CNN’s Richard Quest Discovers a World of Wonder in Maldives Resorts
CNN anchor Richard Quest recently visited the Maldives and discovered how these islands have become a role model for the world. While other countries have been locking down, this Indian Ocean archipelago is being hailed as one of the world’s safest destinations. As such, it is becoming a magnet for the ultra-wealthy with private jets, as well as visitors from countries who allow their citizens to fly around the world currently, due to its stringent entry policy and its efficient testing at the resorts.
Since the Maldives reopened its borders to conventional travellers on 15 July 2020, the country has become extremely successful as a destination, with arrivals totalling over 300,000 in this year to date.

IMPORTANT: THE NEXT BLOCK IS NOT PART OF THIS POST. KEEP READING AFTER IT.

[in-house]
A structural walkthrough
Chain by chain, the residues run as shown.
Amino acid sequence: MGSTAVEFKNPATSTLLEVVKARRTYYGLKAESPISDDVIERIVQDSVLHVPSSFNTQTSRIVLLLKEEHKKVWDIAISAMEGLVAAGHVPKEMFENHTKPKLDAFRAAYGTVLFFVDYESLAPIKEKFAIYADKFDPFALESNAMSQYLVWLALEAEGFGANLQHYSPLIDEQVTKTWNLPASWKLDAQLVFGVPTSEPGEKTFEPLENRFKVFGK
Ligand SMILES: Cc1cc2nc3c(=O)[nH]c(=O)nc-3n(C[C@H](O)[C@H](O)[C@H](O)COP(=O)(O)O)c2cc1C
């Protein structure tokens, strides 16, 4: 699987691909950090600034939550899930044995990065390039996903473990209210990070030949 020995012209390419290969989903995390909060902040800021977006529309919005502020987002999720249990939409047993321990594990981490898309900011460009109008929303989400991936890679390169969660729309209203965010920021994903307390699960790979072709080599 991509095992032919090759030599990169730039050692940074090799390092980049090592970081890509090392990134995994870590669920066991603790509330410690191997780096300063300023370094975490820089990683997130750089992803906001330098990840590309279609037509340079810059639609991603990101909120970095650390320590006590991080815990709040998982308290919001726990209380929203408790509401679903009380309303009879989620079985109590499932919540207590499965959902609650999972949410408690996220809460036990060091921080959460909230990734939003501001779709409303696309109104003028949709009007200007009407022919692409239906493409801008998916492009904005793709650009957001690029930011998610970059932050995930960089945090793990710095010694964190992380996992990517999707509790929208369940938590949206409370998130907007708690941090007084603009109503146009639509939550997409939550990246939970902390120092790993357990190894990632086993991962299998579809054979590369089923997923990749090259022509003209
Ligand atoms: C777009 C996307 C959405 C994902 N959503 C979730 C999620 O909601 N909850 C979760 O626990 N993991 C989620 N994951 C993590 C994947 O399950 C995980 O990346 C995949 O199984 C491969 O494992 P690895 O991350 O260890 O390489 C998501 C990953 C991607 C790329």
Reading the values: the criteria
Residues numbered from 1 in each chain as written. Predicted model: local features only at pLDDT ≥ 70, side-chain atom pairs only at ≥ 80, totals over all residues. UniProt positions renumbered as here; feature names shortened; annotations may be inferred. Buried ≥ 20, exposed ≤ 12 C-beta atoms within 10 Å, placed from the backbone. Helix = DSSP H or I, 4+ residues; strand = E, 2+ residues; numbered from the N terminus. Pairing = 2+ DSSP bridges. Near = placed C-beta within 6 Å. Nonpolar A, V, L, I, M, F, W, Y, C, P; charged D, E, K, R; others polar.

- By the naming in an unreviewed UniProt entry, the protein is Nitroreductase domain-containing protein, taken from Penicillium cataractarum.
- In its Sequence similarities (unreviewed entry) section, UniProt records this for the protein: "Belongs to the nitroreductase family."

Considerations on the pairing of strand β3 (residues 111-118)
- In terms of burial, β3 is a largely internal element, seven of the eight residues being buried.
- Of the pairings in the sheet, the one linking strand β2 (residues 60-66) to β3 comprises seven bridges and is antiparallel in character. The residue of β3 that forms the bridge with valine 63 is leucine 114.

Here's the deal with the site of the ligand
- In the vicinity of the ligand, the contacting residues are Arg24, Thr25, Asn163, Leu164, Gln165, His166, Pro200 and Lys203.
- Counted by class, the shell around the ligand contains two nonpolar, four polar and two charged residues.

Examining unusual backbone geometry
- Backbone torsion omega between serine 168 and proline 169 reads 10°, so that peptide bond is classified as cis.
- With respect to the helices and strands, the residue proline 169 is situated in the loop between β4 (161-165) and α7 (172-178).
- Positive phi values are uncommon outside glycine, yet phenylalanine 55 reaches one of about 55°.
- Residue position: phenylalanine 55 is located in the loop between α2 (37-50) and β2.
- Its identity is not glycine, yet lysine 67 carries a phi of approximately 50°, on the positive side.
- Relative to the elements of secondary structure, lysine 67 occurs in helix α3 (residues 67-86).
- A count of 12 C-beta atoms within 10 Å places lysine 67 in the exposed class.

This, notes Richard, is what sets it apart from other nations around the world.
“The secret of the country’s success as a safe destination to travel to right now, lies in its geography,” the Brit revealed. “I was quite surprised to find out just how many individual islands there are, and each island is its own bubble. This remoteness has played a huge part in allowing the Maldives to reopen during the pandemic. What they have done is very clever and has shown great ingenuity to pull it all together.
“It is a lot easier to control Covid when you can control a smaller number of people entering and moving around. When visitors are travelling between bubbles, it is easier than trying to manage the entire population.”